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The Strange and Weird Saga of Hunter Thompson

The life and death of Hunter S. Thompson

The Strange and Weird Saga of Hunter Thompson
photo by Jody Emmer

On February 21, 2014 it will officially be nine years since the outlaw journalist; Hunter S Thompson committed suicide in his Colorado home with a handgun.  He led a strange and magical life very much influenced by the 60’s generation.  Thompson was well known for his unorthodox methods and extreme drug use.  He invented the journalism style “stream of consciousness” which is a method of writing while living in the moment.

His best known book is “Fear and Loathing in Las Vegas: A Savage Journey to the heart of The American Dream” it was turned into a film with Johnny Depp playing Thompson and it was directed by Terry Gilliam.  The book is basically about Hunter and his psychotic, lawyer side kick played by Benicio Del Toro going to Las Vegas to cover a motorcycle race but then ending up at a DEA convention while under the influence of Ether and being at the convention with a trunk load full of illegal drugs (and not getting caught).

According to The New York Times writer Joe Klein who wrote about Thompson’s life in November 2007  had this to say, “Thompson was able to get away with such nonsense, and with his flagrant drug use, because he had befriended the local sheriff, who had an elastic sense of justice when it came to literary perps. Indeed, about the only person in this book who successfully confronts Hunter about his behavior is — amazingly — Bill Clinton, a fellow not known for public confrontations. But at a meeting in Little Rock, just after Clinton was nominated in 1992, Thompson braces the president-to-be with a question about the Fourth Amendment and drug searches. “He leaned back and did one of these long windup Hunter kind of things where everybody is supposed to be amused by it all, and Clinton wasn’t going to have any of it,” Wenner recalls. “Clinton came back with this really tough, aggressive answer involving his Brother Roger’s cocaine problem and how he had seen the horrors and destruction of drugs.”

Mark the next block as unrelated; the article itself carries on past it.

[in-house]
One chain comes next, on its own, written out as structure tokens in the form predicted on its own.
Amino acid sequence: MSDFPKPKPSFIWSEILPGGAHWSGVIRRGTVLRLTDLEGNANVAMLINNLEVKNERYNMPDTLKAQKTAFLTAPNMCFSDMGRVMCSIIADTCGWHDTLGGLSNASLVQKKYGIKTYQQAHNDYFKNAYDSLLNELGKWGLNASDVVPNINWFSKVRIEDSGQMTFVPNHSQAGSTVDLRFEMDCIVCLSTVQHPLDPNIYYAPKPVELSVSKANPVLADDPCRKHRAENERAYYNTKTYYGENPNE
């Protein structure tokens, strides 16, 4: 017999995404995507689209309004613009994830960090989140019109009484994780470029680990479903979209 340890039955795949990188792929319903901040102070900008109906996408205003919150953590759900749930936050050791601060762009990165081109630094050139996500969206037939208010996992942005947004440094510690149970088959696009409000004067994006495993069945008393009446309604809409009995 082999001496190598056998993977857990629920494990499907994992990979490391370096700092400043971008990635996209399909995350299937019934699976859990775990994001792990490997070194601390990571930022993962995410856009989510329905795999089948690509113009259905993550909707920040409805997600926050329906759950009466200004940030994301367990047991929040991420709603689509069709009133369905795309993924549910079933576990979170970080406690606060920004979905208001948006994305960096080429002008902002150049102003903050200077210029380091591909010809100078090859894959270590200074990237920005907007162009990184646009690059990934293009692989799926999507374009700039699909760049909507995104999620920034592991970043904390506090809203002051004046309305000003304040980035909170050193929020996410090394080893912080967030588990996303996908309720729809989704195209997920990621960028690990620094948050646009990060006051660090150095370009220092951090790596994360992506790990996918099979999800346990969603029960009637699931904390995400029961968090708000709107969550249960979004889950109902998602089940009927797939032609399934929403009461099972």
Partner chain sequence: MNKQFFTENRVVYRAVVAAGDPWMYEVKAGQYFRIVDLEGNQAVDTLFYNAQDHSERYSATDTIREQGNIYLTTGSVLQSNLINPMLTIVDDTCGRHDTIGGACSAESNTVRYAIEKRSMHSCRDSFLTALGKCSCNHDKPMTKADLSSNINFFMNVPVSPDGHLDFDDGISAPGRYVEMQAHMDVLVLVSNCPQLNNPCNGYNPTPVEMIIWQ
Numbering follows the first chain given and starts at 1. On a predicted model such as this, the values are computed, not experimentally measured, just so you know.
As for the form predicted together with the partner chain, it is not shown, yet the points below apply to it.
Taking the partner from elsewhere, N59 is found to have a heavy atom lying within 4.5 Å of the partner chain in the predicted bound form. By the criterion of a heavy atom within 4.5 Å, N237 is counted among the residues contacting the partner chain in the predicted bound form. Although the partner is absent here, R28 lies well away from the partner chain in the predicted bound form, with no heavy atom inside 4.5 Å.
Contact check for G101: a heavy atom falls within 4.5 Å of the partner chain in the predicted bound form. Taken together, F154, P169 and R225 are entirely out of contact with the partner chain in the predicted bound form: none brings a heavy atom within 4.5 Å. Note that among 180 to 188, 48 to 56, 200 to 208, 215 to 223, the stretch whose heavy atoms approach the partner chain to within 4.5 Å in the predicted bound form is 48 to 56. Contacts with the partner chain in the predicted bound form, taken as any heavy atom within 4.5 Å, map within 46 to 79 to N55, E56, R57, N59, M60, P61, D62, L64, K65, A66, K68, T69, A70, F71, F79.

It should be noted that Bill Clinton, James Carville and Hunter Thompson all worked on the McGovern campaign in 1972 and then all three went on to work for the Bill Clinton Campaign in 1992.

Also from the New York Times, “I never had any doubt that at some point he was going to commit suicide,” recalls his son, Juan. Old age is a difficult concept for a perpetual adolescent. Hemingway couldn’t handle it, and Hunter went out the same way, though more elegantly: with a pistol rather than a shotgun. His best work was pretty much complete by the time I met him” With Hunter it was never a question of if he was going to kill himself it was more like when?

He was an eccentric person and an even more extravagant writer.  He lived with the Hell’s Angels in California for about 18 months while writing a book about them.  He worshipped Earnest Hemingway he once copied one of his books word for word to learn how to write a book in the same style.  He was a dedicated writer and a quirky individual.  I doubt we will ever see anything quite like him ever again.


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